Question:
Answer:
3,9,13,19,27,30,31,35,45,47,47,51,54,57,59,63,67,70,70,73,75,81,82,84,84,86,89,93,96,99
The required frequency table is as shown below.
Range | Frequency | Relative Frequency |
80+ (Grade A) | 9 | 30.00% |
60-80 (Grade B) | 6 | 20.00% |
40-60 (Grade C) | 7 | 23.33% |
Below 40 (Grade F) | 8 | 26.67% |
Total | 30 | 100.00% |
From the above it is apparent that to get a Grade B or better, the student has to score more than 60 marks whose probability is 0.3 + 0.2 = 0.5 i.e. 50% probability of a random student to get a grade of B or better. This is apparent from the fact that 15 students out of 30 have scored more than 60 marks and thus would secure a B grade as per the marking criteria.
The concept of relative probability and subjective probability are often used in day to day lives.
Example 1: While investing money in the various assets, one can look at the historical performance and based on the probability of boom and bust may calculate his/her portfolio returns and thereby make optimum allocation of money to an efficient portfolio.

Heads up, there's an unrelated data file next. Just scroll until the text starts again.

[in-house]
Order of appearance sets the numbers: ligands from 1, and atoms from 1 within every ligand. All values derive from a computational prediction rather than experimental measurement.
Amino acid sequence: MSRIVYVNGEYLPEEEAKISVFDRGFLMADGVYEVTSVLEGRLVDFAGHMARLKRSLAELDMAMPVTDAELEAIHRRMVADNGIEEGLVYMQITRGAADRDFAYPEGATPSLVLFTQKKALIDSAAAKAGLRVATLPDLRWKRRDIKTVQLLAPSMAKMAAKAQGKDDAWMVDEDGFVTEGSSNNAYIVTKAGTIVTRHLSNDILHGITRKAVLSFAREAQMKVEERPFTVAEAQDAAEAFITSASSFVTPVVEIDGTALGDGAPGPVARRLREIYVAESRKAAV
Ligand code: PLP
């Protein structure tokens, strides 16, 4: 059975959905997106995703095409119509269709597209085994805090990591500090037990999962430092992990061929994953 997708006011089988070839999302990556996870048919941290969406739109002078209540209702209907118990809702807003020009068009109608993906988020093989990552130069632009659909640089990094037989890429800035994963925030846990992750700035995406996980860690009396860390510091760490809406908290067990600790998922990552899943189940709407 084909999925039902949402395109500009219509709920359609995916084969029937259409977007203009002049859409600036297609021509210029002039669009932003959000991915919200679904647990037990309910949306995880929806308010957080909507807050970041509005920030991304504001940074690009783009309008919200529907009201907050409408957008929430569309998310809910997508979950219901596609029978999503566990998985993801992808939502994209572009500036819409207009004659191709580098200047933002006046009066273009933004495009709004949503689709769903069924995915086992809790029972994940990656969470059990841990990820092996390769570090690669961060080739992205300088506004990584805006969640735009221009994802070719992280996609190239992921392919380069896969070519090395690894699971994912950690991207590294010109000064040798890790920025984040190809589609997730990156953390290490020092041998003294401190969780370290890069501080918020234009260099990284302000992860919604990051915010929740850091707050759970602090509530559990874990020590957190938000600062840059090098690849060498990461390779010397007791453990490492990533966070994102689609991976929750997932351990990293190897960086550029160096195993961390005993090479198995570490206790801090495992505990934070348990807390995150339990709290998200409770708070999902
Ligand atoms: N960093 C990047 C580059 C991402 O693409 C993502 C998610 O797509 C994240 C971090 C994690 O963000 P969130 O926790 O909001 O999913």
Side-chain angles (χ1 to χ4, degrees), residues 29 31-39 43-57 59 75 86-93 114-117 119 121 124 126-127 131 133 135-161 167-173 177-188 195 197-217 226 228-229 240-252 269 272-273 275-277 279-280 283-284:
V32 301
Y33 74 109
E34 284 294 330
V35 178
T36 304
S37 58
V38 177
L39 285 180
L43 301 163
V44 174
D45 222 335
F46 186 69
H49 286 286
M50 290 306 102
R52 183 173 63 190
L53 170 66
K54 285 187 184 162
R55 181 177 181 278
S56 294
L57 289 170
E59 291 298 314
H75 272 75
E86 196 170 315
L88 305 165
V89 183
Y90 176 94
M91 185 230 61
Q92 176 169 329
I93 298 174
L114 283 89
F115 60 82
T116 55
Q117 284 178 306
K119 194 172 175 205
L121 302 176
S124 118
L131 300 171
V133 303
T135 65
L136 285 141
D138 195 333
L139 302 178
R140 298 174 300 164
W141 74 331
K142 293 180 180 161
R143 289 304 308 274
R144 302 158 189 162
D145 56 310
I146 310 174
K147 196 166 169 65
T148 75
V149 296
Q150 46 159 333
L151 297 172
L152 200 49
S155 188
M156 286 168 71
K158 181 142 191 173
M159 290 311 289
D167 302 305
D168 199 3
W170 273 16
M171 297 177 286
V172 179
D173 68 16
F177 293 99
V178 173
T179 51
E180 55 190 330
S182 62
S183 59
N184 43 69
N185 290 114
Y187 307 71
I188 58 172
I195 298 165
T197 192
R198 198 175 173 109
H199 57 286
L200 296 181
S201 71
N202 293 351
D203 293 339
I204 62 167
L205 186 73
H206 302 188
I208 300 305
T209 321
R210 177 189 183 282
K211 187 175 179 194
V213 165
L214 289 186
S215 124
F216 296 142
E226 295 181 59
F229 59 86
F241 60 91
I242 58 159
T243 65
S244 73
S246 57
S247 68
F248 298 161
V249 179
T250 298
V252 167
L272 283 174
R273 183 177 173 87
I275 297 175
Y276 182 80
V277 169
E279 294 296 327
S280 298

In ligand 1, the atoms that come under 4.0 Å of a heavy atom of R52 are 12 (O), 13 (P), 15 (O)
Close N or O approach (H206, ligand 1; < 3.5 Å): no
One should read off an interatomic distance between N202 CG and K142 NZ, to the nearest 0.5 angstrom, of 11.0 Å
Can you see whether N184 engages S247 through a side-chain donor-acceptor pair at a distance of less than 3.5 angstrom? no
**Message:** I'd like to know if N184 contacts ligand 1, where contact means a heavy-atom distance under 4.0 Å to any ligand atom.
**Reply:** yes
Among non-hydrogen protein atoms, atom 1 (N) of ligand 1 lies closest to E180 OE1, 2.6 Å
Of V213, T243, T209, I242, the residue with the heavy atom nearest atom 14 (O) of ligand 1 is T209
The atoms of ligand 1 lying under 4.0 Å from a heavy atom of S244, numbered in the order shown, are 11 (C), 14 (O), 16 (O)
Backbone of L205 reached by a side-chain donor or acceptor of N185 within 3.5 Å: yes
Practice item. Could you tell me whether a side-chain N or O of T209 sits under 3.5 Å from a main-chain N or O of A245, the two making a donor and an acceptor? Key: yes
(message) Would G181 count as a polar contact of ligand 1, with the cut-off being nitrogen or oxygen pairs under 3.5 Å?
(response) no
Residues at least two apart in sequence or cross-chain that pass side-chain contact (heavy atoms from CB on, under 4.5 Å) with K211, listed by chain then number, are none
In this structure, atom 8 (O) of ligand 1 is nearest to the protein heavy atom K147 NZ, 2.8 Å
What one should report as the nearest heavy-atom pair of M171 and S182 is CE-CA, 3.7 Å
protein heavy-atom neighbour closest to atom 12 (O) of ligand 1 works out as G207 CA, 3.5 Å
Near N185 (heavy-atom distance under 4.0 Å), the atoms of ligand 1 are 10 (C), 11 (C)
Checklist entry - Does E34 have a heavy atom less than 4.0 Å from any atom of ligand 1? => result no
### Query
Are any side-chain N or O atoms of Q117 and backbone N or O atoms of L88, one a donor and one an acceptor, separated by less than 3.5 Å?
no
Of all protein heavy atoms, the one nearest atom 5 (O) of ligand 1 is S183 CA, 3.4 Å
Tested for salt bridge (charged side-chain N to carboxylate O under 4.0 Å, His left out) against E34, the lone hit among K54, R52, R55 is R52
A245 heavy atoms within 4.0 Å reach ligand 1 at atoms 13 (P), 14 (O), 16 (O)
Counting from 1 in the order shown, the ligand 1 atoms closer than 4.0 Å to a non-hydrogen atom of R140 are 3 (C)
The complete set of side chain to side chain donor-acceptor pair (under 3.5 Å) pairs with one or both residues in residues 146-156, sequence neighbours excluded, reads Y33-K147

Example 2: While scheduling an outdoor tour, whether holds the key which can be predicted based on the probability of bad weather at a particular based on historical data.
Example 3: Based on the relative probability of guessing the right answers in a multiple choice exam (based on past performance), a candidate may decide whether guessing is an advisable strategy or not.
Example 4: An HR manager based on the probability model built by collecting data through surveys of sample of employees can take decision as to whether introduction of official transport would be beneficial to the company or not.
Example 5: In betting in day to day life, invariably the rewards are calculated by taking into consideration the probability of winning. Lower the probability of a win, higher should be the rewards. Thus based on given rewards, a decision can be taken by a rational gambler whether to gamble or accept a particular bet or not.